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Board Members Reignited

Having served on my share of lackluster nonprofit boards over the last forty years (note that I said lackluster boards, not lackluster people or lackluster nonprofit organizations), having been part of many new trends in board development, and having read most of the good literature that is out there on boards, I guess I’m a little old-fashioned in coming back to the simple approach for getting boards to work: keep every member connected to their particular passion for the mission, have the board align on a big common goal, and give them a step-by-step pathway—and a coach—to ensure their success in attaining that goal.

In other words, reconnect them to their passion for your work and then involve them in designing and implementing a plan to attain long-term financial sustainability for the organization.

We believe this is the greatest contribution a board member can make.

At every one of our two-day workshops that I have the privilege of attending, I meet with the board members and volunteers (without their staff members present) for an optional chat at the end of the lunch break on the second day. Remarkably, although they have been working nonstop on this for nearly 20 hours and they know this meeting is optional, they all attend.

They come for two reasons: to meet other like-minded board members and volunteers and to ask the same question we all ask: “how can we get more board members to be thinking this way?”

Even within their own organizations, they are the pioneers. Many are longstanding board members; some are former board chairmen, now officially off the board, but more engaged than ever. Some are new to the board, love the mission, and excited about the opportunity to leave a legacy.

That seems to be the common theme at these meetings—these board members are not complaining in the least. They are turned on and engaged! They say this is the most exciting thing that’s happened in years at their organization.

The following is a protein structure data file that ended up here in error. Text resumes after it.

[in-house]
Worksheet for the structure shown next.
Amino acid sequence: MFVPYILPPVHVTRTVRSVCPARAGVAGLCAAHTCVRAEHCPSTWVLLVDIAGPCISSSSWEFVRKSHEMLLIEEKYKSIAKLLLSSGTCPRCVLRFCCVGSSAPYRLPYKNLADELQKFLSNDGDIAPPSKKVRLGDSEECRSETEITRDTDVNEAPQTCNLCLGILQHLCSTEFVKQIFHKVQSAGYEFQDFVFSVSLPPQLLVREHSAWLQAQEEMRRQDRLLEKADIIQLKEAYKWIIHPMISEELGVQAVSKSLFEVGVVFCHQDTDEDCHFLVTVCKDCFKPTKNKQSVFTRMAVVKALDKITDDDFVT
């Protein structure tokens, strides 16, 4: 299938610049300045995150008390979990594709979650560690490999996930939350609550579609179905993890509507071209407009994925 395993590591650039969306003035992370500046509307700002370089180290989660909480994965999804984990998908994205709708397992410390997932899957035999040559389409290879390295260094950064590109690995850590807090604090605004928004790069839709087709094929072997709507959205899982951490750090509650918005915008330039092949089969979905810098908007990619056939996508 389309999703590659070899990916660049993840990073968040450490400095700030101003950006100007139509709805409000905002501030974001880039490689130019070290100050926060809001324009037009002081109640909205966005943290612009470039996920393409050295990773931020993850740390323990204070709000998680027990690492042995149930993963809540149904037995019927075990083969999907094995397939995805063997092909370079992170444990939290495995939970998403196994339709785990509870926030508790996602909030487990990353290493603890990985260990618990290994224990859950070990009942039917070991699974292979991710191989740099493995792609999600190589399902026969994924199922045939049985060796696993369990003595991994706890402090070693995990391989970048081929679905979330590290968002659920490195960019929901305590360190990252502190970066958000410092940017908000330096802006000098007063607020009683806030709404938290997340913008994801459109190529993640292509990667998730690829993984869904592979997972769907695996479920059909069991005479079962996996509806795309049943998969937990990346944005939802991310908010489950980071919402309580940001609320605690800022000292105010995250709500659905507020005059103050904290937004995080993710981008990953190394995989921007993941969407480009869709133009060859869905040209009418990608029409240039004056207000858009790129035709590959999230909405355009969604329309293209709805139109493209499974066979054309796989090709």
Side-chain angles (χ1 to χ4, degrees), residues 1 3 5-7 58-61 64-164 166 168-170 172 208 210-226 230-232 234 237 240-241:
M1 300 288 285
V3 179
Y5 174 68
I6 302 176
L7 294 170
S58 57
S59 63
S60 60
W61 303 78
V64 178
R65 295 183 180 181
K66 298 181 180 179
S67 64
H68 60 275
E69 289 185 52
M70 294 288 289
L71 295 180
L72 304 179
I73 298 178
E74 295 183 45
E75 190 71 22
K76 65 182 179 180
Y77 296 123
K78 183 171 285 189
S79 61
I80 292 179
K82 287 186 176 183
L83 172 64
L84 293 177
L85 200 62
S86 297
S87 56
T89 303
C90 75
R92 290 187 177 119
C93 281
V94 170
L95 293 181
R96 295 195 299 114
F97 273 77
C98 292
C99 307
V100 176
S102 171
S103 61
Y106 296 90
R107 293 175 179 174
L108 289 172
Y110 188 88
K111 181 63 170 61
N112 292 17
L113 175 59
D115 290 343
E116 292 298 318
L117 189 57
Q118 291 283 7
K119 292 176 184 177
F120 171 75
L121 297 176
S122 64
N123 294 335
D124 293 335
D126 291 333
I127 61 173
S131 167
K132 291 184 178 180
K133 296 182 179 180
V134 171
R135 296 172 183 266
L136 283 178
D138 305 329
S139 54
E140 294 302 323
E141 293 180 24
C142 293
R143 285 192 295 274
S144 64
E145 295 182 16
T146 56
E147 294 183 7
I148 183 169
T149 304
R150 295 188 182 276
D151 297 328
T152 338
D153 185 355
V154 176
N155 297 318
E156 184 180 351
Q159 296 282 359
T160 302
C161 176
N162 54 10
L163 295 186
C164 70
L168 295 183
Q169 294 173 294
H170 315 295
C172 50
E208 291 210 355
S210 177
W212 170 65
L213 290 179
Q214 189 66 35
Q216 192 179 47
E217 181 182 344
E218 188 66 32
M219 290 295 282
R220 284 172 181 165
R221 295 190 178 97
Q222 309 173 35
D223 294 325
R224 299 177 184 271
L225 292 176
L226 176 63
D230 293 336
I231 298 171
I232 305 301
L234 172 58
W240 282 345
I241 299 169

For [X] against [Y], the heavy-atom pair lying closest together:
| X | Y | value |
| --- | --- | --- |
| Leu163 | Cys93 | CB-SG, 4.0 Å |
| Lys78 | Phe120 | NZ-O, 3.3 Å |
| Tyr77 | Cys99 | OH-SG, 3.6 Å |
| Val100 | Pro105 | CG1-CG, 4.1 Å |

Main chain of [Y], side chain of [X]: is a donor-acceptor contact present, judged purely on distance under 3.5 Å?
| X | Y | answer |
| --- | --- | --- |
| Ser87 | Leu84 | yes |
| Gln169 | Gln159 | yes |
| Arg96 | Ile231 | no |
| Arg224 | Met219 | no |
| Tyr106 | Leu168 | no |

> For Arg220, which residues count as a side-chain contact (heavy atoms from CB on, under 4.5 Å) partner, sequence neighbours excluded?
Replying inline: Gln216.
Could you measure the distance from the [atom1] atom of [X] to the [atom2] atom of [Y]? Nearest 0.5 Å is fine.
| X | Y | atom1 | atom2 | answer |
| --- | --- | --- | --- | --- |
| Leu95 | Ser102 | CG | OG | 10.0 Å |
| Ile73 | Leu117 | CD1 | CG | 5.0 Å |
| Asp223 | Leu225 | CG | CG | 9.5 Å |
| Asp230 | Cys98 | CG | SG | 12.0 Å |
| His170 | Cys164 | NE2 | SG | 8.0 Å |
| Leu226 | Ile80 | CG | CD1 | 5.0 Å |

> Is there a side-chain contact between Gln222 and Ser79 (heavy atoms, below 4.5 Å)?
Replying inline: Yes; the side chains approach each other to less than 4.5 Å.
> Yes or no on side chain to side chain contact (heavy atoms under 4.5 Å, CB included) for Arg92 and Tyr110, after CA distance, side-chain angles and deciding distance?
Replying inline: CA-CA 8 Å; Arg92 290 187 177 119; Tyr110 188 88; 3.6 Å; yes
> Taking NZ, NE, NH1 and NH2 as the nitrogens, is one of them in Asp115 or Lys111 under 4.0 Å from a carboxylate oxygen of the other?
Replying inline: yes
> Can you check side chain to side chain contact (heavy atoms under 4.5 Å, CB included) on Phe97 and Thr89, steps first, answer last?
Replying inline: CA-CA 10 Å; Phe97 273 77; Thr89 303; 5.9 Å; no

What has happened to light them up like this? Two things.

First, we have them each share with their teams the answer to these questions: “Why do I volunteer with this organization? What is it about the work of this group that is so important to me personally?” That simple exercise—it takes about ten minutes altogether—is enough to reignite that unique strain of passion in each team member and bond them together and focus them powerfully on a common objective.

Which leads to the second thing: we have them define and then quantify what sustainable funding would look like for their organization. Most of these board members and volunteers are masters of the fundraising “treadmill.” Their arms are muscle-bound from so much strong-arming of friends to give money to their favorite cause.

The thought that they could actually help their organization get off that treadmill once and for all is so freeing for them. When they see that plan on paper—spreadsheets, numbers, formulas—and that it all hangs together in a logical way, they step right into action.

That passion, combined with a clear objective and a plan for fulfilling on it, turns the drudgery of board work back into pleasurable, satisfying work. In the face of all the work they have ahead of them, we don’t hear people complaining. On the contrary, these board members and volunteers leave our workshops on fire, hugging us, thanking us for returning them to their passion and helping them craft a plan. Many tell us that it’s all they ever wanted—to be able to leave that legacy.